Mark Clark: Strange but true stories of baseball

Mark Clark: Strange but true stories of baseball

I love good baseball stories, especially those that can be seen as a bit strange but true. So, wanting to find something to read last week, I decided to scan a few Internet sites to see what stories I might could find that fall into that category.

The first such story was sad, but true and very strange. And it just happened that the story occurred almost a month after my birth – August 17, 1957 was the date the story happened. Here is the short version of that story.

“Future hall-of-fame centerfielder Richie Ashburn of the Philadelphia Phillies hit spectator Alice Roth with a foul ball, breaking her nose. As Roth was being carried off the field on a stretcher, Ashburn hit her with another foul ball, breaking a bone in her knee. The odds of a fan being hit by a baseball are 300,000 to one. The odds of the same fan being hit twice during the same at-bat, and breaking bones both times, are beyond astronomical.”

I think you would place that story among the strange but true. Wouldn’t you?

Well, here is another I enjoyed reading. I will try to keep the story – and all the others I share today – as short as possible.

“Dave Winfield, a hall-of-fame outfielder playing for the Yankees in 1983, was arrested for killing a seagull with a thrown ball. The cop who arrested him and fans who witnessed the event claimed that Winfield hit the bird deliberately. But Yankees manager Billy Martin questioned whether Winfield possessed the necessary accuracy: ‘Cruelty to animals? That’s the first time he hit the cut-off man all year!’”

Yes, Billy Martin threw a few zingers in his time as a manager. Too bad Billy died way before his time.

Maybe you will find this story interesting. You may be familiar with it already.

“A young boy named Tim Smith had Tug McGraw’s baseball card taped to his bedroom wall. One day he found his birth certificate and learned that Tug McGraw was his father. The boy then changed his last name. He grew up to become country music superstar Tim McGraw. As a bonus, he got to marry Faith Hill.”

I think the bonus is the strange but true portion of Tim McGraw’s story. He was fortunate to get to meet his father before Tug died.

My favorite modern-day baseball player is the subject of this next story. 

“George Brett once hit a game-losing home run. How is that even possible? Brett’s apparent game-winning two-run homer against the Yankees with his Royals trailing 4-3 with one on and two outs in the top of the ninth inning in a road game on July 24, 1983 was reversed during the famous “pine tar” incident. Brett was declared the last out for having too much resin on his bat, so he managed to snatch defeat from the jaws of victory. Since the home team Yankees didn’t have to bat in the bottom of the ninth with the lead, Brett’s homer was the last out. The game was appealed and the ruling overturned, but at the time it seemed Brett had implausibly hit a game-losing homer.”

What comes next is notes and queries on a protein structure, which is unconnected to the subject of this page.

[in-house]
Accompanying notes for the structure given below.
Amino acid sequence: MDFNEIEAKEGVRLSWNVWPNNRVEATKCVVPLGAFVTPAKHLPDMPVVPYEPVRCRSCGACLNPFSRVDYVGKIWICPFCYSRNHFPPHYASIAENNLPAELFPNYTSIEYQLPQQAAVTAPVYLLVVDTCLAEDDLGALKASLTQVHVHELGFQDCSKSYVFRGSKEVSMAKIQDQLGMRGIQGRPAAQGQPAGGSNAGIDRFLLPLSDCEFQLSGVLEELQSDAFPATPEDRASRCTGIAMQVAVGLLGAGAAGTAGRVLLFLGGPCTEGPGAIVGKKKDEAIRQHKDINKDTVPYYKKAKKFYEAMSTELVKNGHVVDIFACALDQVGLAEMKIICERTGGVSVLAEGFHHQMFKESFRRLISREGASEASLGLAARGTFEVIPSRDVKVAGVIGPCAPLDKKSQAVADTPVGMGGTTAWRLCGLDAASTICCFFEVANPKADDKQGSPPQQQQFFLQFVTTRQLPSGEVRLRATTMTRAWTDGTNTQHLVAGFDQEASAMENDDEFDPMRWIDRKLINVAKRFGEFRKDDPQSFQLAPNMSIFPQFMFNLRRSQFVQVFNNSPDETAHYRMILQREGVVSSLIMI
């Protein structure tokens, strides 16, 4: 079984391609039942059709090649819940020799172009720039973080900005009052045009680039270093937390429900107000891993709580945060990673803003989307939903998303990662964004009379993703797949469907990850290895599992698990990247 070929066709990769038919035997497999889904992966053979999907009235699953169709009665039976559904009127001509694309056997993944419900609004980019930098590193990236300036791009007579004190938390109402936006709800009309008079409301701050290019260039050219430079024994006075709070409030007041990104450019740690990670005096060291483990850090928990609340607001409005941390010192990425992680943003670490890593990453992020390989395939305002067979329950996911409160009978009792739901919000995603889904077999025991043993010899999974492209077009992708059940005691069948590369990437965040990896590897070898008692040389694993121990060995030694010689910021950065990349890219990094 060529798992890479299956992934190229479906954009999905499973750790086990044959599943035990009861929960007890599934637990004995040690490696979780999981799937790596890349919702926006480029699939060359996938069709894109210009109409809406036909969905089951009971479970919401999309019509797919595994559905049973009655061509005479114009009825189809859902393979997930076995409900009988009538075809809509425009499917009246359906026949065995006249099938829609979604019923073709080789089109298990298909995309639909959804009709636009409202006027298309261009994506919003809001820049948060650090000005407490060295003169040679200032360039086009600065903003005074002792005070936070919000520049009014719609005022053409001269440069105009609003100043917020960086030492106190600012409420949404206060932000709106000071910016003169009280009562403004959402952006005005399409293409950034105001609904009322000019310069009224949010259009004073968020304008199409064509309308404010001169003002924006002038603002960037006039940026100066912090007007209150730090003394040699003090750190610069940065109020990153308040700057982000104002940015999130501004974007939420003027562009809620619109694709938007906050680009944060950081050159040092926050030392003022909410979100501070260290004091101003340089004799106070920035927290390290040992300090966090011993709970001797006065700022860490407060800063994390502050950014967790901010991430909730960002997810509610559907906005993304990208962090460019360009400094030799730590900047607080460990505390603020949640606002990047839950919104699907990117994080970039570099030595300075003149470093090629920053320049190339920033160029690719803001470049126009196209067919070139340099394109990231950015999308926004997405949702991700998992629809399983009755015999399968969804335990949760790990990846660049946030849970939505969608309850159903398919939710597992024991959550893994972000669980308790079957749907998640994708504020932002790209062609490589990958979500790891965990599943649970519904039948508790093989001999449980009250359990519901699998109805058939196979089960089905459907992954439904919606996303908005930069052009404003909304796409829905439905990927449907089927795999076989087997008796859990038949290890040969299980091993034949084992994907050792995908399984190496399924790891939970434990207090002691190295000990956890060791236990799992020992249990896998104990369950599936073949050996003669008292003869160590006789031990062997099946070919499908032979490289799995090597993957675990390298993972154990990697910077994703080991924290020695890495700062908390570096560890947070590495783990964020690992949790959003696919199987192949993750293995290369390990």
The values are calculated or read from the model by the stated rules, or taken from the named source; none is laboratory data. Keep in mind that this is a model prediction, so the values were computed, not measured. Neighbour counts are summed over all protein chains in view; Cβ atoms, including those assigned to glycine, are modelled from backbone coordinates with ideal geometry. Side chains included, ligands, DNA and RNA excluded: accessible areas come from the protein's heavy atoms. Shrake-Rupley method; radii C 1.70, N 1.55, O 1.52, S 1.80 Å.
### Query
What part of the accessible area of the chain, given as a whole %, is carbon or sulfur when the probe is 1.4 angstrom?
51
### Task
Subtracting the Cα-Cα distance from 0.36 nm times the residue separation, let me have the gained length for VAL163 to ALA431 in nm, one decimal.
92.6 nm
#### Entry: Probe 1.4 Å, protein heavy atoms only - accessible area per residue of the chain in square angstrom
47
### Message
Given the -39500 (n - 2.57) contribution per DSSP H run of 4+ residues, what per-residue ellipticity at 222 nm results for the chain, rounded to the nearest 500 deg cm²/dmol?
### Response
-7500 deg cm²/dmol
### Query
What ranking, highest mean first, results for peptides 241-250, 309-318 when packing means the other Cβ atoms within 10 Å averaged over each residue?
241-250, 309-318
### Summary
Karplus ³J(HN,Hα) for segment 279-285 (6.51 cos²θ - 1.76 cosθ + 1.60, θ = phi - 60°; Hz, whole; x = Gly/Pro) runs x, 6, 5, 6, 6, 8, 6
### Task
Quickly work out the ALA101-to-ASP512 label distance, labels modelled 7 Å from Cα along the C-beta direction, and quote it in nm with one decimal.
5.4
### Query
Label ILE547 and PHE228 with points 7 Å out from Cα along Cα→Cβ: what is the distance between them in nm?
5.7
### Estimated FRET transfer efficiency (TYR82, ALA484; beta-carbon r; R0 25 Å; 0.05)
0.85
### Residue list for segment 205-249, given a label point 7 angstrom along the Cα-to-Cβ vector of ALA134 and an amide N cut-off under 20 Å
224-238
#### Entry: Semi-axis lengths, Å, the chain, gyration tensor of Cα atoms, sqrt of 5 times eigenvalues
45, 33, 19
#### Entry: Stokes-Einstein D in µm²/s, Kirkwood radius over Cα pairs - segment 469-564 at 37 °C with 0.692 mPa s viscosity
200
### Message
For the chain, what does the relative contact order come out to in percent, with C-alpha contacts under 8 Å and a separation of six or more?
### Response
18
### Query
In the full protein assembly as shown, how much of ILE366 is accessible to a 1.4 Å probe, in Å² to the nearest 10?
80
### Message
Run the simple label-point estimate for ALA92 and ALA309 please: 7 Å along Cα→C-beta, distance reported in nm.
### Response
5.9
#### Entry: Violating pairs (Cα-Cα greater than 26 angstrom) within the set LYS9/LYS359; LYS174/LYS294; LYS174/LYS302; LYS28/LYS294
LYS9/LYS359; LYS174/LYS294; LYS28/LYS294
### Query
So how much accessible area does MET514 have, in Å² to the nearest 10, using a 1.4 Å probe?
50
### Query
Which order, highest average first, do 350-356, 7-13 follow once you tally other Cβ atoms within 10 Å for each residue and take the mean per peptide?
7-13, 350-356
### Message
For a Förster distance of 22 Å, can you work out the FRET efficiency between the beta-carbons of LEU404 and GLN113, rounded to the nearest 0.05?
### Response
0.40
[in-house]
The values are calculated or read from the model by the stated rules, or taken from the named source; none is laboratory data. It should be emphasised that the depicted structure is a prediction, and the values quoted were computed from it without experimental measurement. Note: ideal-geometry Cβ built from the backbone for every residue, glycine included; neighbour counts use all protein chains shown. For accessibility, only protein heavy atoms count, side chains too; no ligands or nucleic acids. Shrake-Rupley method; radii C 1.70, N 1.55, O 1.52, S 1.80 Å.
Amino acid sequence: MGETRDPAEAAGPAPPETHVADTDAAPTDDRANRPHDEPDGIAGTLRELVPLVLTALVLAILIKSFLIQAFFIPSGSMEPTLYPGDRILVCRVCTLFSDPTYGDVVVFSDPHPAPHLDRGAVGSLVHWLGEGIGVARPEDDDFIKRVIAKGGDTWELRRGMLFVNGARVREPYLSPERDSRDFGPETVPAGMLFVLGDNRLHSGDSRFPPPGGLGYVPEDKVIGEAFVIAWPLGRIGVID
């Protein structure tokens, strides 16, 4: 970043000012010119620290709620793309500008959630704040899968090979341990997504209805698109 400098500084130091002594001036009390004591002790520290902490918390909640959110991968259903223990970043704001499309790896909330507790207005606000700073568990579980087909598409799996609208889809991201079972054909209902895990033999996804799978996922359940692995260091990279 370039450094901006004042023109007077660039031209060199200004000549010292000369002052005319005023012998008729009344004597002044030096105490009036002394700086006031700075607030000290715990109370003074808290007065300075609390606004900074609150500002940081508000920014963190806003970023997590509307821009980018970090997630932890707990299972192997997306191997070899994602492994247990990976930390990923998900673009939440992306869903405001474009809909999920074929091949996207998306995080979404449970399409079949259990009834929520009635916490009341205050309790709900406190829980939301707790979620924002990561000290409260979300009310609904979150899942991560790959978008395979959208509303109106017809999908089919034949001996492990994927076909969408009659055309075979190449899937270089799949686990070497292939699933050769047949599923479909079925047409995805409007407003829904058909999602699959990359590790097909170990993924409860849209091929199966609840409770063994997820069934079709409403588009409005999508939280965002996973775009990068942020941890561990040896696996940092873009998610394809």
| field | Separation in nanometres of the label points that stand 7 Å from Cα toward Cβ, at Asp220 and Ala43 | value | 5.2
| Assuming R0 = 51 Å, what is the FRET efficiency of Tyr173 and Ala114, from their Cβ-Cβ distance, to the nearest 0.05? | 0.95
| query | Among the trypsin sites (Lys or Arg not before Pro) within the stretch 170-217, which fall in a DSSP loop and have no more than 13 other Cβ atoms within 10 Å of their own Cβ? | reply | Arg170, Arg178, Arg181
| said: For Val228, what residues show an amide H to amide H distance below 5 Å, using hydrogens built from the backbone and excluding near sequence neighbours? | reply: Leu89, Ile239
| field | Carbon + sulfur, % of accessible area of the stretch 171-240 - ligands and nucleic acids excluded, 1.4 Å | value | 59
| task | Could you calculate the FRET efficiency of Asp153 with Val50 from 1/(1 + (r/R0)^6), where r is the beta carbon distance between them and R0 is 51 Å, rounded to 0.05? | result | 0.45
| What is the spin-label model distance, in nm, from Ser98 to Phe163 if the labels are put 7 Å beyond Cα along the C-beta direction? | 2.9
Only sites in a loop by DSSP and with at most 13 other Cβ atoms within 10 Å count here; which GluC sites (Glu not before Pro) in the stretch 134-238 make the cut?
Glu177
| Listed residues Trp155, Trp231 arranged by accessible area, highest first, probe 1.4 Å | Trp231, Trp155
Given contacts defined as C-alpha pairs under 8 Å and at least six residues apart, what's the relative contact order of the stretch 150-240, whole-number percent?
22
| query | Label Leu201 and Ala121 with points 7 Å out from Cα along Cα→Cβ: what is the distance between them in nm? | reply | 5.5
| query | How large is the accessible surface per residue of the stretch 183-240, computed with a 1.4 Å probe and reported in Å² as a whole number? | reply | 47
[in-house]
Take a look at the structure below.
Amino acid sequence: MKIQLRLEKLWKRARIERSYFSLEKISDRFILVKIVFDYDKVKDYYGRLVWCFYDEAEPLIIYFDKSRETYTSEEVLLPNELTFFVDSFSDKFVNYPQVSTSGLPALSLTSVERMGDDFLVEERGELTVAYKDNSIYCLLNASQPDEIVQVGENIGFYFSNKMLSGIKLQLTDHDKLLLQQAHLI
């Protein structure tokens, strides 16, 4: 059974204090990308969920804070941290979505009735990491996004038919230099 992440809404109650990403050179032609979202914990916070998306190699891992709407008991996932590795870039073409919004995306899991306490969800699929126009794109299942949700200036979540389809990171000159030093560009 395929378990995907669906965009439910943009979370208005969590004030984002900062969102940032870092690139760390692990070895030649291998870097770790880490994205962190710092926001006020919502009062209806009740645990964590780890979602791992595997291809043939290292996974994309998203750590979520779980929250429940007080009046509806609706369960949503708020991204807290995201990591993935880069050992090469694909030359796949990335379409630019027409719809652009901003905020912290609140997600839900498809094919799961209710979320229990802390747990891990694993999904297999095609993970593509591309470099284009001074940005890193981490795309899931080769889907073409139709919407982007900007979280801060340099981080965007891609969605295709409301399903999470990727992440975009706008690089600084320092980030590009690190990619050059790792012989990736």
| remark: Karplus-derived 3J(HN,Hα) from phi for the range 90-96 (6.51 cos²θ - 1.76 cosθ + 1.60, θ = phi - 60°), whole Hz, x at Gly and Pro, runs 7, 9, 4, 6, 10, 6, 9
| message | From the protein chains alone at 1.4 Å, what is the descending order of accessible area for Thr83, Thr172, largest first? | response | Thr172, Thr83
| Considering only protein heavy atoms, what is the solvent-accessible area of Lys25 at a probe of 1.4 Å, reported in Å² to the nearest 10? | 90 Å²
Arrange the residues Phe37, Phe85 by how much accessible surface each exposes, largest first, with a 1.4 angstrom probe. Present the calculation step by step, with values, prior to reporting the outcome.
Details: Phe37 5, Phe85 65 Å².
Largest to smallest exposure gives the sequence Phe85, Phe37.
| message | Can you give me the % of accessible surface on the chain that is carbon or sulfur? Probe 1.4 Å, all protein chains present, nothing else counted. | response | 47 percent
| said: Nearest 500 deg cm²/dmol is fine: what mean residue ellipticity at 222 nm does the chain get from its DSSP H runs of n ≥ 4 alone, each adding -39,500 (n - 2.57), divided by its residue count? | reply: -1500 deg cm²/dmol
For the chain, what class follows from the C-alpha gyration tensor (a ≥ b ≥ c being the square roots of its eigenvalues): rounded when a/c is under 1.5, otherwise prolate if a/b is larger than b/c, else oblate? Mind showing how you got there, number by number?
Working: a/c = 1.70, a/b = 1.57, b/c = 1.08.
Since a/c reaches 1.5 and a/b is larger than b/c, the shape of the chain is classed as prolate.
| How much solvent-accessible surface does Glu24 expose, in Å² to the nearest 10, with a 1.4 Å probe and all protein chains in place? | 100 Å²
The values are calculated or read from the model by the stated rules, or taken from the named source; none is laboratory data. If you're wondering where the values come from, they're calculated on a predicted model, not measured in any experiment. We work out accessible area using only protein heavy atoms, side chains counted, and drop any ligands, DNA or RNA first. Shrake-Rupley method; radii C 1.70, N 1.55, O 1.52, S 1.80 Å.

Thank goodness the umpire’s ruling was overturned by the league office. If it had not have been, George would hold a place in baseball lore all by himself forever. And Billy Martin would have gotten away with pulling out one of the most egregious rules ever.

The next story is one straight out of the movie “The Natural.” It deals with baseball and lightning.

“On July 17, 1914, the New York Giants and Pittsburgh Pirates were engaged in a marathon 21-inning game. Having scored two runs to break a 1-1 tie, the Giants took the field hoping to end the drawn-out affair. The skies were dark and threatening. Giants outfielder Red Murray camped under a fly ball that would finally end the game! But after making the catch, Murray was struck by a bolt of lightning which rendered him unconscious. He apparently hung on to the ball.”

There are a lot of Babe Ruth stories that fall into the category of strange but true. This is not strange, but it is true and well worth sharing. Babe was a man far ahead of his time.

“Babe Ruth was subjected to racist epithets because of his dark complexion, big lips and wide nose. During a 1922 World Series game at the Polo Grounds, a Giants bench warmer shouted racial slurs “in a voice loud enough to be heard on the other side of the Harlem River, where construction on Yankee Stadium was under way.” The famous “called shot” home run in the 1932 World Series came after Ruth was jeered mercilessly about his ancestry by the Cubs bench and crowd. Ruth was called “the big baboon” behind his back and stories of his prodigious appetites—whether for food, sex, or fun—smacked of racial stereotyping. To his credit, the Babe defied racist baseball commissioner Kennesaw Mountain Landis by participating in barnstorming exhibition tours with Negro Leaguers who deeply appreciated the respect he paid them and the extra money he helped them earn with his box office appeal. Julia Ruth Stevens is on the record saying her father was blackballed from managing because he would have lobbied to bring in black players.”

All these stories are true. None of the names have been changed to protect the innocent. In fact, no one mentioned is innocent. They are just a part of baseball history.


Mark Clark is a local sports writer for The Citizen of East Alabama.